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Artists find Holyoke to be a great location

Date: 1/21/2009

By G. Michael Dobbs

Managing Editor

HOLYOKE Holyoke has been known as "The Paper City" for over a century, but perhaps it will get a new nickname due to its growing number of young artists in the city's former factory buildings.

Adam Mulcahy of Holyoke and Lisa Betournay of Chicopee are among the latest artists who have established a studio in the city's factory district. Their Fire City Studio is on the third floor of 460 Race St.

The space's tall ceilings allows for huge exhibit spaces for the two artist's mixed media work. Betournay is a painter, while Mulcahy makes sculpture from found metal objects and pinstripes. They also collaborate on some pieces.

The two artists described themselves as largely self-taught, but readily listed the artists who influenced them. Mulcahy said that underground cartoonists such has Robert Crumb and Robert Williams were important to him, as were hot rod designers and artists Ed "Big Daddy" Roth and Von Dutch. He also likes today's skateboard graphics and graffiti art.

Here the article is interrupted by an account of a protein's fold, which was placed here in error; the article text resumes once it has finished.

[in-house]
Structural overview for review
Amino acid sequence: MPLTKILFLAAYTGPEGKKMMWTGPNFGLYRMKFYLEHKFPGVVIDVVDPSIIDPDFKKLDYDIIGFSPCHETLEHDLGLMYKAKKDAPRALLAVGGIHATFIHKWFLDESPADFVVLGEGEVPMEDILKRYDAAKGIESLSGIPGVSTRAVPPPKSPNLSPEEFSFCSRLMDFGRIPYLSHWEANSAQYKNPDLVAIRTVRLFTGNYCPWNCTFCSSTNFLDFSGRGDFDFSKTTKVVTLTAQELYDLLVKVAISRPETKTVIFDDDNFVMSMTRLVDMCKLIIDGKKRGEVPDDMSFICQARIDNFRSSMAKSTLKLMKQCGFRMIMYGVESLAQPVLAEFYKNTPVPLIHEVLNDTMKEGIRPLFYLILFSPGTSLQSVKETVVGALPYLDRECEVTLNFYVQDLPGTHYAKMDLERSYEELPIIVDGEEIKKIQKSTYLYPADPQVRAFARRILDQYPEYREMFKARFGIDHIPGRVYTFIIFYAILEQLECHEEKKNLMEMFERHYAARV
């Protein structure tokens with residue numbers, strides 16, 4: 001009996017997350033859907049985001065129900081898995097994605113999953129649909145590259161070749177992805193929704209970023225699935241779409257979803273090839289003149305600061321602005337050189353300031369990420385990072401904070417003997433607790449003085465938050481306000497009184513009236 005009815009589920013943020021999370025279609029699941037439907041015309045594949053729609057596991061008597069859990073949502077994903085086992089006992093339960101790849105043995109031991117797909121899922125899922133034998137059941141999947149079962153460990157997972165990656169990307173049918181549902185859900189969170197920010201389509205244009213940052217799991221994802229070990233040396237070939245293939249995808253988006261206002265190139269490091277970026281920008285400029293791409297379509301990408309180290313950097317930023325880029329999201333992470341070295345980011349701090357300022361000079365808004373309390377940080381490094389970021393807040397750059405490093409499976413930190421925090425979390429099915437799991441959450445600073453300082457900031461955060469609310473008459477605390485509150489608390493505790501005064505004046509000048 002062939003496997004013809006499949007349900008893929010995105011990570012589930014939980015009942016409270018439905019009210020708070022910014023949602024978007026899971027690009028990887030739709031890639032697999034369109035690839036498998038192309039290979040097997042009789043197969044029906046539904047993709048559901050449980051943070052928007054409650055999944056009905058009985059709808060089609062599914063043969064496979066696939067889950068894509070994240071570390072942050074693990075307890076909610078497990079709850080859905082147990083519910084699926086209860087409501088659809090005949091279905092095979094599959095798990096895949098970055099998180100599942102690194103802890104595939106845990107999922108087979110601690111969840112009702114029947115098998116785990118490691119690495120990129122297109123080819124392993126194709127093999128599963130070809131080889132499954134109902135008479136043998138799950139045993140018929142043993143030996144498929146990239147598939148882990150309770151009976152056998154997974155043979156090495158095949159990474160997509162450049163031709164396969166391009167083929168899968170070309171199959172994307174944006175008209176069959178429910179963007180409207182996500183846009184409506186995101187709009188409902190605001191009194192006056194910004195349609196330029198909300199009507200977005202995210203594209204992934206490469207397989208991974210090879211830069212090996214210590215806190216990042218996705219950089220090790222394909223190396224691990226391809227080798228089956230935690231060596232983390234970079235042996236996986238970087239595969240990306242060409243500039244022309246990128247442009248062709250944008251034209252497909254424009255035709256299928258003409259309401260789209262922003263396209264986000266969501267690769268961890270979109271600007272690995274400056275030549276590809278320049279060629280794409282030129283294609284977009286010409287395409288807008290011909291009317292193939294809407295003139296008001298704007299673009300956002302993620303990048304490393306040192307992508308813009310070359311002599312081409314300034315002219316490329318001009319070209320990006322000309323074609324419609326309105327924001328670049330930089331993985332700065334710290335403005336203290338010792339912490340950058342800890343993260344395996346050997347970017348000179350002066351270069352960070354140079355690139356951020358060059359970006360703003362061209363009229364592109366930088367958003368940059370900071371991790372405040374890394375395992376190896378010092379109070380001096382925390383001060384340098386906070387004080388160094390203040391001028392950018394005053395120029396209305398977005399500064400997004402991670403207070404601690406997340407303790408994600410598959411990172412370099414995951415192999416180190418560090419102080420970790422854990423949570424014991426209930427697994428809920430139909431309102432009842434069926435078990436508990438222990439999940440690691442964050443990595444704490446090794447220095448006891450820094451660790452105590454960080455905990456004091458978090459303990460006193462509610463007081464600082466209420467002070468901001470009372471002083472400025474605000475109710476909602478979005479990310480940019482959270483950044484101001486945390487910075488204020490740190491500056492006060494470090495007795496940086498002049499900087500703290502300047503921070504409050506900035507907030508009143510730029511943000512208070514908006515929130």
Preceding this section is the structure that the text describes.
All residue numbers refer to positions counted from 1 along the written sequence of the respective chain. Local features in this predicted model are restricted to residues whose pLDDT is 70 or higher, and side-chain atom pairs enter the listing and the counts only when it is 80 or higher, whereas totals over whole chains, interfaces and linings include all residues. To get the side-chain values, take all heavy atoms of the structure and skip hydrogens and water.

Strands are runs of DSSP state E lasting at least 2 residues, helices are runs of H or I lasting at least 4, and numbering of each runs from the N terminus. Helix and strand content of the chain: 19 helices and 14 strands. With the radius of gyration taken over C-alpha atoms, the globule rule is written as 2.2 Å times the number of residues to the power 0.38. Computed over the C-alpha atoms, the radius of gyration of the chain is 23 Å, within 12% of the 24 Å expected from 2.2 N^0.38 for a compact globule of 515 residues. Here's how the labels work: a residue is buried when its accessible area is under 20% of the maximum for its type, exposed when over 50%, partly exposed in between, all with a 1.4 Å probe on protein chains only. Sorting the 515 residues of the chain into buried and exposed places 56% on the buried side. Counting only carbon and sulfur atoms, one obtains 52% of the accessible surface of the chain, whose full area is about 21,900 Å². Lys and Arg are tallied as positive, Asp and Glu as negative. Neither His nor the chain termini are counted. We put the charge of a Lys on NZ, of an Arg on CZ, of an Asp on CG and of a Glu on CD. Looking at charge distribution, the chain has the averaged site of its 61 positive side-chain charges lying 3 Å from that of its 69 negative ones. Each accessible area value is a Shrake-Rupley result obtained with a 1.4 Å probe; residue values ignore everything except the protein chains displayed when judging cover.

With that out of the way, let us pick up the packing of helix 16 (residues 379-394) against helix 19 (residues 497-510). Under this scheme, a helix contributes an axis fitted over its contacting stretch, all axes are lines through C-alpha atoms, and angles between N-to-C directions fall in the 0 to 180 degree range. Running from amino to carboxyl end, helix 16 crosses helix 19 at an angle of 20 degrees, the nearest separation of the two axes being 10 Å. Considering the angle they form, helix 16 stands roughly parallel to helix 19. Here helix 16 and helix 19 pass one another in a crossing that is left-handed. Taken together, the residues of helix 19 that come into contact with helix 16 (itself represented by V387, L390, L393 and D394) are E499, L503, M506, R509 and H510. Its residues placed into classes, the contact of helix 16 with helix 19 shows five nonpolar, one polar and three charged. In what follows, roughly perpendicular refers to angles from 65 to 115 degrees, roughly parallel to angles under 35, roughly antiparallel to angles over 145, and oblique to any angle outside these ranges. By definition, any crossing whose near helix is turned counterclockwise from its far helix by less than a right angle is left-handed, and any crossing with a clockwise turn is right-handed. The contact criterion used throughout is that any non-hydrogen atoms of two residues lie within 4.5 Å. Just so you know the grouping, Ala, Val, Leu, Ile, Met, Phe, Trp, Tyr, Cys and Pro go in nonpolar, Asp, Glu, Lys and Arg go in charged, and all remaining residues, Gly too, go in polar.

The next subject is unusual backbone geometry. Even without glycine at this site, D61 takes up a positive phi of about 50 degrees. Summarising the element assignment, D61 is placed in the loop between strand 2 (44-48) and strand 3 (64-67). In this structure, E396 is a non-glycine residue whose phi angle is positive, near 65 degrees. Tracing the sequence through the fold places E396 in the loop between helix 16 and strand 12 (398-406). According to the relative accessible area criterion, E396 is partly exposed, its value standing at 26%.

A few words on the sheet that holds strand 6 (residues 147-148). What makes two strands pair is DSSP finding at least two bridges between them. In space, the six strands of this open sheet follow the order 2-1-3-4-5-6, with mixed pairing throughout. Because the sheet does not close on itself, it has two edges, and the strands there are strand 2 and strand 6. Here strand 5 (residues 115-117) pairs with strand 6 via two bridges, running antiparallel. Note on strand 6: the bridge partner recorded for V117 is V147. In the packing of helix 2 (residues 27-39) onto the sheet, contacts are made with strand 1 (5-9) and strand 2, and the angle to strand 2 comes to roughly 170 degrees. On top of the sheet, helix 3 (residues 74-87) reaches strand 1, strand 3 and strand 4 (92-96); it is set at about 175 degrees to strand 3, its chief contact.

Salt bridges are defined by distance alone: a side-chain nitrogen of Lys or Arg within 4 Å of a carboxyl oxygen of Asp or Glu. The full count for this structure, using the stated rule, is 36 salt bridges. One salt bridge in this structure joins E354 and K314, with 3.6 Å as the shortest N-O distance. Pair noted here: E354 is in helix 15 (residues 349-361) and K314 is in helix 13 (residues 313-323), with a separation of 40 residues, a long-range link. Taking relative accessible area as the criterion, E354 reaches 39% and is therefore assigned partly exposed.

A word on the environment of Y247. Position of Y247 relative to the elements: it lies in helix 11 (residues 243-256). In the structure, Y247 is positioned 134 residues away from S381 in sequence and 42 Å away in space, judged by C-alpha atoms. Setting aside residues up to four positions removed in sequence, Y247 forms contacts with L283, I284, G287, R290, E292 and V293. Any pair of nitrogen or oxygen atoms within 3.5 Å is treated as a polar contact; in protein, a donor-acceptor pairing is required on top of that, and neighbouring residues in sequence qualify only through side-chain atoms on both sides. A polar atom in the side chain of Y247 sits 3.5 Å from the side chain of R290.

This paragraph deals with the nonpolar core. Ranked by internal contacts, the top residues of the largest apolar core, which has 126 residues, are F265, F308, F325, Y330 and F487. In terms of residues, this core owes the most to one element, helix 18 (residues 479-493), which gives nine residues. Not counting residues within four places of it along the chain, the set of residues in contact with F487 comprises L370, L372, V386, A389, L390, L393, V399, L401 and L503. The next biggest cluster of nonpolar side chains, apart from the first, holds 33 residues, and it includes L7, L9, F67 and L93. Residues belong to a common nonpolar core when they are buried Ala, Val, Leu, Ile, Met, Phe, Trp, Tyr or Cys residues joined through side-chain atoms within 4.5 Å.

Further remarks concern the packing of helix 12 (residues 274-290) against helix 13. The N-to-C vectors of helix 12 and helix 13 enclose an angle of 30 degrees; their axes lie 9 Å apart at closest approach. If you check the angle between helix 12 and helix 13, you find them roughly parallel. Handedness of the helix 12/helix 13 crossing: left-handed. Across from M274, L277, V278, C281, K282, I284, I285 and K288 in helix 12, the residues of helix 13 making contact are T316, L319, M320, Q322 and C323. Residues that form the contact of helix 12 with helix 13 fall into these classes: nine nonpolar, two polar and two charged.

Betournay, who paints in acrylics, said the fine lines and dark images of French illustrator and engraver Gustave Dore appealed to her. Betournay explained she was drawn to art as a way to express herself.

Mulcahy worked as an auto mechanic who taught himself welding. He said he had been "drawing forever," and started welding sculptures of discarded metal. The materials he uses in his sculptures are all objects he recycles. He scours tag sales and scrap yards for old tools and other objects. Wrenches and drill bits become arms and legs, while old gauges serve as eyes.

Although some people might be thrown off by the recurring skull motif in his work, Mulcahy's work can also be whimsical, such as an exuberant motorcyclist on a huge spring or a Grim Reaper with a clock for face.

He has several pinstriped serving trays on exhibit.

Mulcahy doesn't fabricate the sculptures at the Race Street studio, but rather at home. Betournay said, with a smile, the studio allows them to "get back their living room." The home was "jammed to the ceiling with art work," Mulcahy said.

"The rooms were closing in on us," Betournay said with a laugh.

Holyoke is a great place for artists, Mulcahy said. There are huge spaces available at reasonable rents. The city is part of a region with a huge art community and is close to both Boston and New York City, he added. The former factory space provides a place where the public can see and hopefully buy their art.

The pair has weekly open studios every Sunday from 3 to 8 p.m. and plan to host monthly events to encourage Holyoke-based artists to meet each other and the public.

To learn more about their artwork, log onto